And so I was lost in a whirlwind of emotion – I was angry and crying and scared and sure that I was going to be blackmarked on the NHS for being ungrateful and then left to die the next time I had a flare. It was so dramatic that passersby started asking me if I was okay as I made a beeline for the front door. All I could do was wail “I’m fiiiiiinnnnnnnneee – hiccup- eeeeeeee.” as my mind focused on just getting outside into the fresh air meaning that somehow everything would be immediately better.
I then realized that I didn’t have anywhere to go – I couldn’t call Paul, he was at his own doctor’s appointment and it would take him at least an hour to get here. I couldn’t take a taxi, that would mean having to go back into the hospital to use the ATM and I’d already made too much of a scene to go back any time soon. So I started walking to the tube, I would just take the tube home.
Still sniffling and sobbing as I walked to the tube in the dark along the busy Hampstead Heath high street, I was nearly at the tube when my phone rang. It was Paul.
“Why is the hospital calling me asking if I know where you are? AGAIN???”
So I stopped in the middle of the sidewalk and let loose a torrent of wailing and self-pity to my husband on the phone, saying that there was no way I was going back to that hospital. I was going home.
People on the street started to stop.
He countered. “Look, I’m on my way. Just go back to the hospital so they stop panicking and wait for me. I will be there to sort this out. I’m on my way.”
I held fast. “I’m not going back to that hospital! My brain is fine and I feel fine and there is NO REASON to keep me there for another night! I just want to go home! I’ve been there for a week! A WEEK! I probably don’t even have brain damage!”
People on the street started to gather.
He played the ultimate card, the bastard. “Don’t go back for you. Go back for me. I am on my way and I will meet you there. Just do this for me. You don’t have to, but I will be really disappointed if you don’t go back there to wait for me.”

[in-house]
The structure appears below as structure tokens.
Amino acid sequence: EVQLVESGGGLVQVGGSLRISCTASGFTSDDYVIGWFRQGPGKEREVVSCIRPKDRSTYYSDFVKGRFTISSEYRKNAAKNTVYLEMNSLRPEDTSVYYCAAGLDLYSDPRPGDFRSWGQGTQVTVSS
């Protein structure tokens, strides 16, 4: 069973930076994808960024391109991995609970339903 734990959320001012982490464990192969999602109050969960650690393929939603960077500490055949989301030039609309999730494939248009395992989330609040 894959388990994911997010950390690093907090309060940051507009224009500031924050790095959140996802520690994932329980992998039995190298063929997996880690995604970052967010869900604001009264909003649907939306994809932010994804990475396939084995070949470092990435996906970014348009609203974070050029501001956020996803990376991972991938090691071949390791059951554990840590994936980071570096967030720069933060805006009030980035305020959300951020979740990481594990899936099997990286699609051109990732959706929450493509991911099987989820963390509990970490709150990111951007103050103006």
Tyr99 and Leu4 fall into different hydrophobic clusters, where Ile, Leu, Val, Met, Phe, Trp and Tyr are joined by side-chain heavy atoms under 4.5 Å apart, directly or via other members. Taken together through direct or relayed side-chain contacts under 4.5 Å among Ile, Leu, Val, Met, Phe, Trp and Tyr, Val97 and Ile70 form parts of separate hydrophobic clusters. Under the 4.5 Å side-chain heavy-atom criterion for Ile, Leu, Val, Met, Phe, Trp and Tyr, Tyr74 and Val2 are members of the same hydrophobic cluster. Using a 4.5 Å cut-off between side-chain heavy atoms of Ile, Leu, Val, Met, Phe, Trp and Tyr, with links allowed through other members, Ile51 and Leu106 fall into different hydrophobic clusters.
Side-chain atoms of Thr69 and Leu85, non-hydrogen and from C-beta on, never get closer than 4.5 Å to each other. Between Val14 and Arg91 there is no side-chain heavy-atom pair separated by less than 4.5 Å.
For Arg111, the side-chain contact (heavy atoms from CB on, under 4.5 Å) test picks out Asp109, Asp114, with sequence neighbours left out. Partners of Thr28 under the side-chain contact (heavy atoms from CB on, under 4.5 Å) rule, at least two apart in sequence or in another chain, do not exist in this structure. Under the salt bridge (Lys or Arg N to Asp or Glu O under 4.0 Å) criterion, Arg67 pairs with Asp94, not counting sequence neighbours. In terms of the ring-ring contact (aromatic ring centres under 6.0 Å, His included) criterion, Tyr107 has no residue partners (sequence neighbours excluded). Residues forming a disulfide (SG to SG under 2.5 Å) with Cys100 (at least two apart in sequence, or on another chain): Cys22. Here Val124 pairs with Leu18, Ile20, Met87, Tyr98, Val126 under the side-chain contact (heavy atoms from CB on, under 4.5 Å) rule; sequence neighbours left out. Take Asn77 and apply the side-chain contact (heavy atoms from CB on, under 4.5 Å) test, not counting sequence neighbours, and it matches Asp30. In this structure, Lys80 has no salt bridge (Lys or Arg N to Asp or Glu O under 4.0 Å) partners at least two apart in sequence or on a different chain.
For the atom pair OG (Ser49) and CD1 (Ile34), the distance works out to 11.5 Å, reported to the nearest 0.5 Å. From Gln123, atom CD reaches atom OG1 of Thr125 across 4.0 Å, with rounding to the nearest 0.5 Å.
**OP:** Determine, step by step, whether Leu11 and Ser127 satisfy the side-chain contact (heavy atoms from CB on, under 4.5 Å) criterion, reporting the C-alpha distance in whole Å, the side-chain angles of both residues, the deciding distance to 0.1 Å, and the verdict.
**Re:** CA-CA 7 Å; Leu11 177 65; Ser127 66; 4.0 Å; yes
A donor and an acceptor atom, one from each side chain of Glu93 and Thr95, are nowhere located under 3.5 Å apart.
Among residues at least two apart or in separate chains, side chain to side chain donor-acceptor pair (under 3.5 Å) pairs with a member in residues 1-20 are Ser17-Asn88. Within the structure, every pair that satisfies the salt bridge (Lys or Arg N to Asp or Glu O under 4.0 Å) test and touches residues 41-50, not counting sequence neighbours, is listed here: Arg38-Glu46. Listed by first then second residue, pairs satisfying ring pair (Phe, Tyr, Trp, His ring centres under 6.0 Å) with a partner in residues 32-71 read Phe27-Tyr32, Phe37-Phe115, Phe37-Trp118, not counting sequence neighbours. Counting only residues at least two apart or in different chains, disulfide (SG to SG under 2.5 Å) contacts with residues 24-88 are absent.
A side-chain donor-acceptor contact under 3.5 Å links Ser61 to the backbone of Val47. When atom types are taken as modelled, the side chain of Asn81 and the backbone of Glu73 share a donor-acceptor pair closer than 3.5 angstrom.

Touche, Paul. Well played.
“I’ll… I’ll think about it.” and then I had to go because I was getting another call.
In front of the crowd I answered it, just then starting to comprehend how large of a group had actually started to gather. It was the head nurse from the ward, she had tracked down a doctor and as soon as I got back she would personally go down to bring him up. She said I had already done the hard part, I had already had all the tests and treatments and I had waited so long, let’s just finish this properly and make sure I’m okay before I go home. Please come back. I started to cry again, softly this time, and told her that I would think about it.
And so I stood there, crying at my phone in the dark on the street, completely lost in my own head until a man gently touched my elbow and said:
“You should really go back to the hospital, dear.”
What? Startled, I looked around to the people that had stopped around me on the street – they had heard everything.
The small crowd nodded in agreement. I should definitely go back to the hospital. It would be best, they murmured at me. It was like I wasn’t even in my own head as this group of complete strangers kind of herded me around and back toward the hospital – some of them even standing there and watching to make sure I was going in the right direction.
So when a head nurse, your husband and a group of strangers on the street are telling you to go back to the hospital – you just go back to the hospital.
I’ve got to admit though, when I got back I looked a lot like this
The head nurse was thrilled. The other nurses were relieved. I was psychotic.
A doctor saw how distraught I was and called the rheumatologist on their personal mobile – then assuring me that the elusive rheumatologist was on her way up, I was to stay here at the nursing desk to wait for her. Okay, I could do that.
I waited for an hour and a half. For an hour and a half I alternated between standing by the wall or sitting on the floor in the corridor, softly crying. I had snapped, and was completely, utterly defeated. My husband was coming, but he was stuck in traffic. The rheumatologist was ‘coming’. The nurses apologized to me constantly, one even sitting on the floor beside me – saying nothing but just being there.
This went on for so long that the head nurse shouted something into the phone, went downstairs and brought up the Rheumatologist herself – walking through the ward door at the same time as my husband, kids and best friend. The cavalry was here yet I was numb. I don’t even remember what happened next, I just remember my husband talking with the rheumatologist and then leaving the hospital late that night in a daze.
I’ve still no idea why that all happened or how things got so dramatic – I normally am pretty chilled out with these types of things. I’ve narrowed it down to three possibilities:
I I got a taste of psychosis – a brain flare mixed with massive doses of steroids messed me up big time
I’I'm actually a Crazy McRaving-Pants
3. This hospital stay finally broke me.
All I know is that even though it was such a small, small issue – I’d never before felt so broken in my life.